Michael Prokle is a Data Scientist at Philips Research North America working on health care related projects. He holds a PhD in Industrial Engineering & Operations Research which focused on supply chain optimization in manufacturing & aerospace. He recently joined the German Academic International Network (GAIN) Advisory Board to help DAAD promote Germany as a destination for academics and researchers worldwide, for example at the upcoming Annual GAIN Conference in San Francisco, August 25-27th, 2017.
Our DAAD network is a vast and global net of connections between DAAD and its award winners, ambassadors, alumni, grant holders, future applicants – all united by their love for study and research abroad and all things German.
We asked Michael a few questions about his work and experience in Germany:
- When did you know that you wanted to become a researcher and scientist?
It actually has never been my plan. I grew up in a small Black Forest town and went abroad for a social year after high school. This opened up an entire new world. I quickly became intrigued by the new experiences and wanted to travel more and learn how the world works. I realized there is a lot to learn and have not stopped learning and challenging myself since then. My PhD experience showed me the limits in research and the importance of innovation. Pushing the boundaries in health care is very rewarding.
- What are you currently working on?
One of my projects investigates how we can help hospitals to optimize patient flow, improve health care delivery, and decrease patient waiting times. My other project focuses on population health. We research how we can use existing hospital data and advanced analytic methods to predict and improve patients’ health outcome.
- What was the most ‘German’ experience you have had?
I love this question. After living abroad for almost 10 years, I do have them when I go back. Sometimes even at 6am in Frankfurt at the airport. It really is a culture shock coming home every time. However, I do miss many things about Germany. There is an instant connection to home but at the same time a feeling of being a stranger in your own country.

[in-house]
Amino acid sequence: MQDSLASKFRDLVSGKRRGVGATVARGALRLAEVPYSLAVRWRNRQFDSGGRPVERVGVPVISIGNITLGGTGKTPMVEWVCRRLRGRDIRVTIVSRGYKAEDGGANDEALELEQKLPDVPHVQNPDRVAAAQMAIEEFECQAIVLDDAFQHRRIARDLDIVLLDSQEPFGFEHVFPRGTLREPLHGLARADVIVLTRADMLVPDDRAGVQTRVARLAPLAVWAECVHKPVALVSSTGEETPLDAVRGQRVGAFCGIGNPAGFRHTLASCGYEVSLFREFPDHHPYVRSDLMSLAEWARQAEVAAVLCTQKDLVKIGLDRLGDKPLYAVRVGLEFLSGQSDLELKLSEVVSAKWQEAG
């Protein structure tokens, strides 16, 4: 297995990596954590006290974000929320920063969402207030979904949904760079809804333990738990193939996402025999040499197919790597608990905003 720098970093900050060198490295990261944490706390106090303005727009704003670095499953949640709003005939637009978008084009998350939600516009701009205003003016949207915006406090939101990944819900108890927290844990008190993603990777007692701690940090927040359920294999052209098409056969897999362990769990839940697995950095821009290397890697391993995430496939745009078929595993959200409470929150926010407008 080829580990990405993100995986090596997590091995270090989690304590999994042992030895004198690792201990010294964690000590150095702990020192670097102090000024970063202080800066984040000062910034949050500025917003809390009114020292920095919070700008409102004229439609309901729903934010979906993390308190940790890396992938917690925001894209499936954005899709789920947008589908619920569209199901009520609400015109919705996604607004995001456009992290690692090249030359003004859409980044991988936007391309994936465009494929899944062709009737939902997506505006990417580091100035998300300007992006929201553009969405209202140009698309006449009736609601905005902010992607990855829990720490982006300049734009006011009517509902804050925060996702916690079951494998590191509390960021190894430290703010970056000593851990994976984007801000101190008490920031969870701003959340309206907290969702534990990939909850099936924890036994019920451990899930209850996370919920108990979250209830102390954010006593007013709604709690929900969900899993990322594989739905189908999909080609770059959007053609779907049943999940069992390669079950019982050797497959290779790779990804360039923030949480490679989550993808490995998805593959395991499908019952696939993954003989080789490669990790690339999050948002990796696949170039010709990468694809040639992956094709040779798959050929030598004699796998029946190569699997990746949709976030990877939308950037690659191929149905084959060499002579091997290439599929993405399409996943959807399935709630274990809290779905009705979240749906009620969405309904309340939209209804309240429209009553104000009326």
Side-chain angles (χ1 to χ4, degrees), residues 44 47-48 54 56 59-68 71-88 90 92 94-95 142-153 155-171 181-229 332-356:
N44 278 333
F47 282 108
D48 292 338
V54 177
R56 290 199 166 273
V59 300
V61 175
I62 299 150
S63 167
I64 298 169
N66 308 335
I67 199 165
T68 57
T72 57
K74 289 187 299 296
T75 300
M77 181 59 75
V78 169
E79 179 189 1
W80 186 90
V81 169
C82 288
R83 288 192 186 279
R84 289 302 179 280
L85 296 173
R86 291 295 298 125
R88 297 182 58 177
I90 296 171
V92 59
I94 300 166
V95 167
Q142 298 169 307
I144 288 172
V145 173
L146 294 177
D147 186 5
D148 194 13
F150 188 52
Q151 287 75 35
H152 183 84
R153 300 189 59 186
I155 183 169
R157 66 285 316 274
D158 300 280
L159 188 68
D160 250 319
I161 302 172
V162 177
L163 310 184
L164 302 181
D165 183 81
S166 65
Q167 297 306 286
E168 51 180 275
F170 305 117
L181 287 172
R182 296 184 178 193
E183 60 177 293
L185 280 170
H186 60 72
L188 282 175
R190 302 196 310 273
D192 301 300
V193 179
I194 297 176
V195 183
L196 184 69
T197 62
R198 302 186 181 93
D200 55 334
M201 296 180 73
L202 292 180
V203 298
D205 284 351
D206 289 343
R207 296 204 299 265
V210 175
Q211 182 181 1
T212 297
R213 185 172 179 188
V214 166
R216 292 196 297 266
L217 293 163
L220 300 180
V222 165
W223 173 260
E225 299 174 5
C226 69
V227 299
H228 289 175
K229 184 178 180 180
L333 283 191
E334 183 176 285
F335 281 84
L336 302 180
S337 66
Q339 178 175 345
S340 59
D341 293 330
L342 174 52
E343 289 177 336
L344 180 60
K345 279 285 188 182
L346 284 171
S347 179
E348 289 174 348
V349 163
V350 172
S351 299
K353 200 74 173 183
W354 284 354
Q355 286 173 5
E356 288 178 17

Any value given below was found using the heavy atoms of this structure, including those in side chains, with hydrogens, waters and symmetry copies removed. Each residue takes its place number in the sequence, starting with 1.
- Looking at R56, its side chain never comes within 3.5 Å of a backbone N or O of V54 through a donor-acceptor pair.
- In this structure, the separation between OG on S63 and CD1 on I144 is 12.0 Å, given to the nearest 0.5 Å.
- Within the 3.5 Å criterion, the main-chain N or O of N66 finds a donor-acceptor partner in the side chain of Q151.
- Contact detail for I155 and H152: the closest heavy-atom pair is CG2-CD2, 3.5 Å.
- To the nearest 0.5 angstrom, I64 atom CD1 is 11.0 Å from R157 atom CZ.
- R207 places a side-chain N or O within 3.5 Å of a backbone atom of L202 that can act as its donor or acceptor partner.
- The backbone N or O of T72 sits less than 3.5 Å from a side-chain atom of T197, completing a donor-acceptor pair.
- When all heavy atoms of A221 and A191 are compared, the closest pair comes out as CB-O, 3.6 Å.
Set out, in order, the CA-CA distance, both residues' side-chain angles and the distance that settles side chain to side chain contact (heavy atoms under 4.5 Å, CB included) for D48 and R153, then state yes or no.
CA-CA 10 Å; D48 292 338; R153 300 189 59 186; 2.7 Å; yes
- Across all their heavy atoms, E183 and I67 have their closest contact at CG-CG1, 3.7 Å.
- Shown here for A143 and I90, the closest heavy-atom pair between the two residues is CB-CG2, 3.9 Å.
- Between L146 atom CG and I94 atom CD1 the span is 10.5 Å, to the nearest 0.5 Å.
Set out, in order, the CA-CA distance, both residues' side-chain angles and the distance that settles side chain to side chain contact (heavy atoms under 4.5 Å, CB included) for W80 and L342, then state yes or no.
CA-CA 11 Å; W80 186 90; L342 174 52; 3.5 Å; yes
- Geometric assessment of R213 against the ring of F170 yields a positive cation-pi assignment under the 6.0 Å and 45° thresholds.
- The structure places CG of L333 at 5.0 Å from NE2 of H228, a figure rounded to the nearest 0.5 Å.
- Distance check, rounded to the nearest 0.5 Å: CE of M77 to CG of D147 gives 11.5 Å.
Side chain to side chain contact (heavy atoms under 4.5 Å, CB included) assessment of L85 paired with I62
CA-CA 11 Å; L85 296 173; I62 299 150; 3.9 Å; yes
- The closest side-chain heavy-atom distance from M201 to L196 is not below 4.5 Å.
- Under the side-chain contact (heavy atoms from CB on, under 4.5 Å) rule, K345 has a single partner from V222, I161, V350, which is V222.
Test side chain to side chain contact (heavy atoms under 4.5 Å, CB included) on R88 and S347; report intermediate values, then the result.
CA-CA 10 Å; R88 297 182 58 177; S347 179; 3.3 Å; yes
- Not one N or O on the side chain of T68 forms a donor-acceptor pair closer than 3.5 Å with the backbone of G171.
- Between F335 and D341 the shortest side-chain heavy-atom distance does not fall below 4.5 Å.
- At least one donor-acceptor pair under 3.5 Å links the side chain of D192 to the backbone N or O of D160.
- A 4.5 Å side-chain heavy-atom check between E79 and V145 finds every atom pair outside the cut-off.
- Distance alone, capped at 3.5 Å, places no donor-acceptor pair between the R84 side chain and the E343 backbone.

- What advice would you give to students who are thinking of working in your field?
Find what you love, challenge yourself every single day, be genuine, set your goals high, and do not be afraid to be different. In Data Science, you need extensive background in statistics, math, and computer science. If you start your career, expose yourself as much as possible to the field through internships and networking. Talk to people!
- What advice would you give to North American students who are thinking of studying abroad in Germany?
Do it! Germany and Europe as a whole is so rich in deep-rooted culture. You only understand your own culture when living in another. It took me several years to understand why things work the way they do in Germany. Same is true for the US and the learning never stops. It is fascinating how history and geographical locations shape a culture.
- Which pictures, plants or unusual objects are there in your office?
Our meeting rooms are named after US natural sights. I am currently sitting in Bryce Canyon with one wall showing the beautiful view of the canyon. But more important are the amazing smart people with a diverse cultural background that I am surrounded with every day.
- Can you cook a German meal without a recipe? If so, which one?
I love cooking way too much. Self-made Spätzle go well with Linsen or in my case also Gulasch. When it comes to baking, it is Hefezopf and bread.
- Is there someone who has significantly inspired you in your career? If so, who and why?
This would certainly be my parents. They were the ones who supported me and gave me the freedom to find my own path. There were so many friends on the way that showed me their way of thinking and inspired me that way.
Spätzle – type of ‘noodle’ made in southern Germany and Alsace; the dough is poached in boiling water
Linsen – lentils
Gulasch – Goulash, meat stew
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